The music swept over me, and for the first time in weeks I persuaded my brain to concentrate on one thing instead of one hundred things. Apparently trying to hold your leg in the air without crashing to the floor is really good for focus.
As I jabbed and kicked in time, I steadily became consumed by the moves and the music. Lungs are heaving. Heart is bursting. You can almost feel the bad energy being expelled from your being through the sweat. You’ve surrended all caution. You’re in for the duration.
The instructor shouted, and we moved (mostly) in time, with varying vigour.
Gym classes are a funny thing, aren’t they? A lot of trainers seem to sniff at them; discarding them for the prancers, the faux-fit, those who are partial to a gentle grapevine from the 80s. They’re not for serious gym-goers, is the impression I get from the mammoth-muscled elite.
But I like them, a lot. Week-to-week I can mix up the classes depending on what I fancy, and most importantly I don’t have to think too much about what I’m doing. I don’t have to motivate myself beyond walking through the door, or figure out which machine I need next. I simply have to show up and do as I’m told. 45 minutes later the work is done.
So here I was, doing as I was told. It had been weeks since my last visit, and I knew I needed an outlet to shake the unmistakable mild gloom that had been following me around like a shadow. Except that when it creeps in, it’s never behind as a shadow would be – it descends, eerily, like fog; a foreboding that no one but me can see. That’s the cue – time to get back in the gym, darling. Not for your body, but for your mind.
Over and over we punched and jumped, just as we had countless times before in that same sweat box of a room. Harder and harder, again and again.
It came from nowhere. Like a tidal wave it crashed over me, so completely overpowering that I barely had time to register it. Everything that I’d been forced to feel – the heartache and the pain and the frustration and the uncertainty and instability and the cruelty and the mourning of a path you’ve had to turn off from because someone closed the road – it was all there in front of me. The injustice of giving so much of love to get so completely scorched by it, by the person you had given it all to. And still you’re both trying to salvage embers which are unrecognisable from what was there, so lovingly crafted, before the flames engulfed everything you thought you knew.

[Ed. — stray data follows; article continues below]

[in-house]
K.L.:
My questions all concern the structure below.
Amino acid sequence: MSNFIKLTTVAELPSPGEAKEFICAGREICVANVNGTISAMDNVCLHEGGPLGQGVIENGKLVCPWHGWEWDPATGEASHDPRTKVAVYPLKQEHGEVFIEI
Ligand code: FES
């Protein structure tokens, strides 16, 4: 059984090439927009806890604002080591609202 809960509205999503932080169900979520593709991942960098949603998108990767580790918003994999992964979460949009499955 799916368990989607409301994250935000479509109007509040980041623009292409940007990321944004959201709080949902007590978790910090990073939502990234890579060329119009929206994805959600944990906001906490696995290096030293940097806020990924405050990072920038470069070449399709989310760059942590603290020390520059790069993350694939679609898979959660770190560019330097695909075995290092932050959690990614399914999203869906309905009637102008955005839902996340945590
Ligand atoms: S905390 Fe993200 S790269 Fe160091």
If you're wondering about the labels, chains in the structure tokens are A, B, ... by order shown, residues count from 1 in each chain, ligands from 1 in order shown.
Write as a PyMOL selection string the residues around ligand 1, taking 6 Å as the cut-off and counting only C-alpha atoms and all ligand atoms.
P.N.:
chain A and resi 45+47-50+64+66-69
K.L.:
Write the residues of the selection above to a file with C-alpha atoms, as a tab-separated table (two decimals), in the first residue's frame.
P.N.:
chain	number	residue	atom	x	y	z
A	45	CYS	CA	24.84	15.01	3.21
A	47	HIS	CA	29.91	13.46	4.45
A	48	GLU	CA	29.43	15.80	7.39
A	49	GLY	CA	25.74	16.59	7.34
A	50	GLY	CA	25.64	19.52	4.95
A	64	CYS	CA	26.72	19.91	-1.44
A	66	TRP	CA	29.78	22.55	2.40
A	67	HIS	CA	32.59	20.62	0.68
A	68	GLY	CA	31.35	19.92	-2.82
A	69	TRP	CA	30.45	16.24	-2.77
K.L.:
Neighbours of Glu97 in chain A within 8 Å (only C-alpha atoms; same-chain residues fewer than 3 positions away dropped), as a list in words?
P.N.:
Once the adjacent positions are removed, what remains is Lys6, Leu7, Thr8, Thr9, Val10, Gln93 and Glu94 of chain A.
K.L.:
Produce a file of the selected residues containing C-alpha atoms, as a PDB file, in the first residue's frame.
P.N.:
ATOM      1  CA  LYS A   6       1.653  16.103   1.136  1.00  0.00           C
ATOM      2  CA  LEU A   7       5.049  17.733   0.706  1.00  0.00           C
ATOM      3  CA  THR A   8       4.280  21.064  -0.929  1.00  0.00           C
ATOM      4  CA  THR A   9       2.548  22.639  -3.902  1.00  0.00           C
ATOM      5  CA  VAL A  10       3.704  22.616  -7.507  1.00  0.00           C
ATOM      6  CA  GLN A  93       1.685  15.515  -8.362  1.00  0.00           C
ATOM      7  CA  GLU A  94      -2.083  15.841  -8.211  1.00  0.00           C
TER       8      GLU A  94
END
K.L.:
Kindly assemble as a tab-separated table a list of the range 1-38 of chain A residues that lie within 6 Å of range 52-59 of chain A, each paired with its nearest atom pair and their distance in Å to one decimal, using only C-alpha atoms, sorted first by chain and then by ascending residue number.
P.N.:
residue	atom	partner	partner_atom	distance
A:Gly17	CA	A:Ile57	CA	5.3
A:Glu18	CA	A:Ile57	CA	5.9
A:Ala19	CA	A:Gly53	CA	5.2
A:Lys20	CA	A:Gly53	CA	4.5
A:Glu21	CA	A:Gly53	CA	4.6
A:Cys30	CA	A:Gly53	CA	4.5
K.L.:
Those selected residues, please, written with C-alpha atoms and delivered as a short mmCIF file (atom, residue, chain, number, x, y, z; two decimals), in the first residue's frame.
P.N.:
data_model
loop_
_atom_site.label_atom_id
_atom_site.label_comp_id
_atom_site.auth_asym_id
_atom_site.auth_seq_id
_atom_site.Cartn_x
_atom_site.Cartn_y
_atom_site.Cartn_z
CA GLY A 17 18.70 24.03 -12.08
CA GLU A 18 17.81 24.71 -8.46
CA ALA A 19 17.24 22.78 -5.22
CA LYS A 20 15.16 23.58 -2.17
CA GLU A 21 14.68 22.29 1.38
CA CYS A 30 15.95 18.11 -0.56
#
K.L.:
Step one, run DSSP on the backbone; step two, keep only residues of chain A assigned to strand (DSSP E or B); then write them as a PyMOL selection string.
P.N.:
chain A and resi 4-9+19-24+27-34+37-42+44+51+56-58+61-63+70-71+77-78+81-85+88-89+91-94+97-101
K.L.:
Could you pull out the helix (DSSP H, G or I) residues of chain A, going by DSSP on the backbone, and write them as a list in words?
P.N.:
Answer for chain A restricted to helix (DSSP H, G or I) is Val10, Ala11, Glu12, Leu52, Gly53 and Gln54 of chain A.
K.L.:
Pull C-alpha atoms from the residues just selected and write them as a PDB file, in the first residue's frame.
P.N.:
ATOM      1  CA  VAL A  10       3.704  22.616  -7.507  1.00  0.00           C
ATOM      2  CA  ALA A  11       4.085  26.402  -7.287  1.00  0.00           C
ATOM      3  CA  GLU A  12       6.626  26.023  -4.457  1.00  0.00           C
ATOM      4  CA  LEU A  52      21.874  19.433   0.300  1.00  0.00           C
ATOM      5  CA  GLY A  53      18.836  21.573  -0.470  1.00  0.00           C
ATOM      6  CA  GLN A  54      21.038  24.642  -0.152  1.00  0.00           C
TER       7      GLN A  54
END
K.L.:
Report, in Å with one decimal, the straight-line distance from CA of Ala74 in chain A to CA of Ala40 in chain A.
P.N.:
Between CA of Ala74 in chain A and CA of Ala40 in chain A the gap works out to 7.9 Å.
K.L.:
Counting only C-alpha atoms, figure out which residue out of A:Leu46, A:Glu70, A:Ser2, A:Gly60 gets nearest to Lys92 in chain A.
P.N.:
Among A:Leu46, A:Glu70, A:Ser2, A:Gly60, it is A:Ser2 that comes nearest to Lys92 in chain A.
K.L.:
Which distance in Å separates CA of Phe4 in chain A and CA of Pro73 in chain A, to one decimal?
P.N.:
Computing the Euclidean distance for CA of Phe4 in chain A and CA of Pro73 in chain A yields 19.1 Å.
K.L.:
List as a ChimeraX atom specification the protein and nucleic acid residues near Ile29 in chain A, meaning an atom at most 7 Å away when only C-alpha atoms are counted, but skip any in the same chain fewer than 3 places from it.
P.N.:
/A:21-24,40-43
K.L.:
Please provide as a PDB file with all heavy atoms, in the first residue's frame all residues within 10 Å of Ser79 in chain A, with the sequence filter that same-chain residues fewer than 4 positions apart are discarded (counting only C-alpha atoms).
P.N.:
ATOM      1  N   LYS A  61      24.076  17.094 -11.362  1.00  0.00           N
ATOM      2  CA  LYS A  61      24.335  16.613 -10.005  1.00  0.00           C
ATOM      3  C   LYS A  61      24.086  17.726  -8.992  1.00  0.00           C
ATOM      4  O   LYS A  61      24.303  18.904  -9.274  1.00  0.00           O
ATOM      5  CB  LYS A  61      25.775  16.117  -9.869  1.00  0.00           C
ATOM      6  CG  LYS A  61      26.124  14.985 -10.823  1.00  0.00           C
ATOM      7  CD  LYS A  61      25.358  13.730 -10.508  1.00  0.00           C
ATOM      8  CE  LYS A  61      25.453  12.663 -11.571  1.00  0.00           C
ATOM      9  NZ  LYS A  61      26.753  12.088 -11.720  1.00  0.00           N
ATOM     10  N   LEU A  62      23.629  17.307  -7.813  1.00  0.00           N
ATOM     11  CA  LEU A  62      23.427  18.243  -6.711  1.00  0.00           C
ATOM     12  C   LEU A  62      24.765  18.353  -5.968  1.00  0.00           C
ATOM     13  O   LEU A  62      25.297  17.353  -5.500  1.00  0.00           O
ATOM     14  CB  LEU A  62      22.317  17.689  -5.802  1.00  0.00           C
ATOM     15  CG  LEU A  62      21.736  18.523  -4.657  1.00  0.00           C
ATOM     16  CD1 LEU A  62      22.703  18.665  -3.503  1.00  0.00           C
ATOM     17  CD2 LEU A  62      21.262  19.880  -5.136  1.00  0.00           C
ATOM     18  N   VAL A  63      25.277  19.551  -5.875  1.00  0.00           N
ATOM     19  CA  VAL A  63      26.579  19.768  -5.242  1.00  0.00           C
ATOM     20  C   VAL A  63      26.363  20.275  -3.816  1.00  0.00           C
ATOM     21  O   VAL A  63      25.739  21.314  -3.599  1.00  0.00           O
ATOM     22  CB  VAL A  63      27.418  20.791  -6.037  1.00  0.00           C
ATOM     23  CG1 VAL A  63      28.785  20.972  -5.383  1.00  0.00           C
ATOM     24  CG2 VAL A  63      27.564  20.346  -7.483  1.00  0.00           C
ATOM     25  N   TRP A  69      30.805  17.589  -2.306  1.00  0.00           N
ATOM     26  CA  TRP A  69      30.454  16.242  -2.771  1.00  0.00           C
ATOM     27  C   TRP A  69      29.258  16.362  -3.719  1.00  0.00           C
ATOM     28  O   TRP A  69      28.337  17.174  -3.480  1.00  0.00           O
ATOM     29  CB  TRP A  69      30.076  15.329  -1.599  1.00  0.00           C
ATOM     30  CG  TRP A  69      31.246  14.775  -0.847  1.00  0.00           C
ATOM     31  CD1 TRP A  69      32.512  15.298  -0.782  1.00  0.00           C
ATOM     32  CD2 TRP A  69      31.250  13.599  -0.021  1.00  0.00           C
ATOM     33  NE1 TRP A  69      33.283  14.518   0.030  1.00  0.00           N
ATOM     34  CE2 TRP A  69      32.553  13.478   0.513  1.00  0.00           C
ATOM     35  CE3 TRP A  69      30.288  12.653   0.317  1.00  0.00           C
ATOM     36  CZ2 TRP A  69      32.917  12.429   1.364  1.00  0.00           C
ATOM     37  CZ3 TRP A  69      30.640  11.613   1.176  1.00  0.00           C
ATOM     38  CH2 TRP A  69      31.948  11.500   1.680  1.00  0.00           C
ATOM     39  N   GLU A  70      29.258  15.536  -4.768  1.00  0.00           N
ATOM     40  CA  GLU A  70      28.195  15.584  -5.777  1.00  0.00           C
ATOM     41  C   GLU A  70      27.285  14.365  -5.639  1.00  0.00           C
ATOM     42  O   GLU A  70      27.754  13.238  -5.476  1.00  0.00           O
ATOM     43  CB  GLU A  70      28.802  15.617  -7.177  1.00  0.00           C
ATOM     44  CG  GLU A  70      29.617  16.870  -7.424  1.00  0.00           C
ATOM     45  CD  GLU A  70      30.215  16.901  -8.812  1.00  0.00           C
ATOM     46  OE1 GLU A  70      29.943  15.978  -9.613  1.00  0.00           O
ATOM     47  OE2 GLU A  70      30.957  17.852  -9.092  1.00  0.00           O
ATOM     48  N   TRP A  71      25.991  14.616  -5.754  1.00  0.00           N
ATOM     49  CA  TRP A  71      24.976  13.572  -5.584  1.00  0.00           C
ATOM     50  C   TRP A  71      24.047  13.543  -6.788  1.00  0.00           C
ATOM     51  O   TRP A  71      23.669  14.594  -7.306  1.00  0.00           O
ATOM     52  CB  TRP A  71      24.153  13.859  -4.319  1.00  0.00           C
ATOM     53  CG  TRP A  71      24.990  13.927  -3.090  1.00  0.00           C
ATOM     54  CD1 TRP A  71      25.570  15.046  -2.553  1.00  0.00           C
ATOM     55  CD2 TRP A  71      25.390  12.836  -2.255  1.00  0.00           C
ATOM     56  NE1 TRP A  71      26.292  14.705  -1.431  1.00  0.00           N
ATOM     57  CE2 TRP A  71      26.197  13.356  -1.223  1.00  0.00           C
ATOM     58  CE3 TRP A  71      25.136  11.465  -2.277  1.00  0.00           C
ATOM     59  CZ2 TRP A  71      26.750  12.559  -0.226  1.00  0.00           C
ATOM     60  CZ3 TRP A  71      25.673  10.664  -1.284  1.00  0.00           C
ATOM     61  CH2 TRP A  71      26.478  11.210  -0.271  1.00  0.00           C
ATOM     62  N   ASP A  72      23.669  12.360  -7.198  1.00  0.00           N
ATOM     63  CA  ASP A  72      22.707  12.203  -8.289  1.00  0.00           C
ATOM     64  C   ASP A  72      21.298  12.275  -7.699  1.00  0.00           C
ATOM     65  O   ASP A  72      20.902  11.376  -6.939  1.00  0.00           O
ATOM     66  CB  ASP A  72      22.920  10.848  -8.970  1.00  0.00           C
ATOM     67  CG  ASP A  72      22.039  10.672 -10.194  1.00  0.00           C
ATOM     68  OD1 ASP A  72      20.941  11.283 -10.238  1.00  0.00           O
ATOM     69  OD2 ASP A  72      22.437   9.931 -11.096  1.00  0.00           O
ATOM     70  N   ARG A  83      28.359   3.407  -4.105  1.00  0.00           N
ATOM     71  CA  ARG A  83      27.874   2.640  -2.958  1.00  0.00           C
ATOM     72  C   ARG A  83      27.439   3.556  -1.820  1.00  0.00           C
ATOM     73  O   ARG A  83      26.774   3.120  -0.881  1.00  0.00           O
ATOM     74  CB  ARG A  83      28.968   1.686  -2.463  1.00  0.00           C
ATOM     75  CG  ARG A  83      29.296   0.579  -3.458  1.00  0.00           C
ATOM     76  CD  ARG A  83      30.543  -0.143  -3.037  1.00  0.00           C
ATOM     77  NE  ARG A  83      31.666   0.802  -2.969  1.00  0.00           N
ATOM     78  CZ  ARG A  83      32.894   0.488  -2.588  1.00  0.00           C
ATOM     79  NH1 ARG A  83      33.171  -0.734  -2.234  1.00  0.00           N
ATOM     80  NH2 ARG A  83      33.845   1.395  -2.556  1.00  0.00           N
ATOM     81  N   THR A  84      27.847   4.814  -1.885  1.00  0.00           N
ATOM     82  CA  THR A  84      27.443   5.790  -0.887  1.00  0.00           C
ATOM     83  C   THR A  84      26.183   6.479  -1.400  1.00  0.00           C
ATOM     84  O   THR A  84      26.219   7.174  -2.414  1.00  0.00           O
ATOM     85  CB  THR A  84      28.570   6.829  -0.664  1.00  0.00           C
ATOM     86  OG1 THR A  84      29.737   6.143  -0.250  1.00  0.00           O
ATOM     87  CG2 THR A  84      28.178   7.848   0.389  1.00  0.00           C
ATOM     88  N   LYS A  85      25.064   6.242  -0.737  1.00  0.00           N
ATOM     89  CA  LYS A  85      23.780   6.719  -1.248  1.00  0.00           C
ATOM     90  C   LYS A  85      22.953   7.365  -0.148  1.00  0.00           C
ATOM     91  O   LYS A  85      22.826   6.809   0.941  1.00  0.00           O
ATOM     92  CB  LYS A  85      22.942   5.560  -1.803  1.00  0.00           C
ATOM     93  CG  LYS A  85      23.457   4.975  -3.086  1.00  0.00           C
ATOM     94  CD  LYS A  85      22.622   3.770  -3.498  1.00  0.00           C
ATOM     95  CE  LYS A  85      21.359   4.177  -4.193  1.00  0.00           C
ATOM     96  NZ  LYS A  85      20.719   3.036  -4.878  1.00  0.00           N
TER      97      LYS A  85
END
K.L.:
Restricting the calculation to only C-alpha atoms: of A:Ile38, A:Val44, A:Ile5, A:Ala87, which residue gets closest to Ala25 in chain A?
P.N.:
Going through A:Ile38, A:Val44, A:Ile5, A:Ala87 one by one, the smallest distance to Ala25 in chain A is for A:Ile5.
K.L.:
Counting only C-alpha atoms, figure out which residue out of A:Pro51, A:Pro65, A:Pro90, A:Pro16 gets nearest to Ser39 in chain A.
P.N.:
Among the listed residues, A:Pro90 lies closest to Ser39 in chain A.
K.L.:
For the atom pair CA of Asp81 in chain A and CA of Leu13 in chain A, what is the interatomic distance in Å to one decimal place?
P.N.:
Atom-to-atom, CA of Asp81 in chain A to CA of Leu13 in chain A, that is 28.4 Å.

The pool in my eyes spilled over and hot, sweaty, salty tears fell down my face, furious and unapologetic, like I’d unlocked a dam.
As I pounded the air, more certain than I’d been in months that I was living and breathing, I was suddenly choking back a gulf of tears. This wasn’t vicious; I pictured no one as my leg launched through the air, almost as if I was trying to displace it from its socket. But as the adrenaline coursed through every cell of my being, and the emotion swelled up from the depths of my core, right there in that very ordinary body combat class of a very routine Monday… I gave in. The pool in my eyes spilled over and hot, sweaty, salty tears fell down my face, furious and unapologetic, like I’d unlocked a dam. The resulting torrent was slightly inappropriate for the setting, sure, but thankfully there were enough red faces in the room to just about disguise what was happening. As I punched with even more fervour, I felt every single ‘I’m fine,’ or ‘I’m doing ok thank you,’ drown out in the roar that was swelling through my ears until I was completely swept under with them. The instructor had become a hazy shape among countless other blurry limbs, and I tried to gulp in air that now felt void of oxygen.
I couldn’t escape. Nor did I want to. After months of preservation mode, of keeping busy, of distraction, of soul-searching I was, in that ridiculous mirrored room in the company of 12 other Lycra-clad sweaty strangers, completely and arrestingly confronted by myself.
Less than a week later I stirred awake, becoming aware of the bed I was in that wasn’t mine and the scent of air that was unfamiliar. I was surrounded by half empty boxes, the previous day’s clothes strewn across furniture I didn’t own. I was also completely covered in glitter.
A very gentle knocking on the door had woken me. I turned my head slowly towards it.
‘Mmm?’ I croaked.
‘Are you ok? Do you want tea, dear?’ came the tentative voice from the other side.
My guardian angel.
I brought myself back to consciousness. The sun was pouring in through a crack in the curtains; the open window behind allowing for a cool breeze to hit my skin. The previous day, less than an hour after dragging the last box of my possessions into this new room I wasn’t yet ready to call home, I’d turned my back on it, heading into town to watch the London Pride floats pass through the closed roads in a blaze of vivid colour to unstoppable roars and cheers. A life-affirming celebration of things that matter so much. Love. Unity. Freedom.
A small tear fell as I gratefully accepted the tea offer. I gently sat up and made my eyes focus, inhaling deeply as I took it all in. It was disconcerting, and overwhelming, but at the same time I felt safe within these four new walls. Comforted by where I now found myself, on this different path. As I pulled back the curtain and the light hit my face, a lightness in my body washed over me. One that I had been without for so many months, having being shrouded in the fog, the uncertainty, the sadness for so long.
In that unfamiliar room, half awake with my prosecco headache and my aching sides and my life in boxes and my tea on its way from my darling friend, I felt it. I felt the colour starting to seep back in after months of static, of white noise, of dead air, of existing outside of myself. The glimmer I needed, that reassured me that this new, unplanned place was exactly where I needed to be.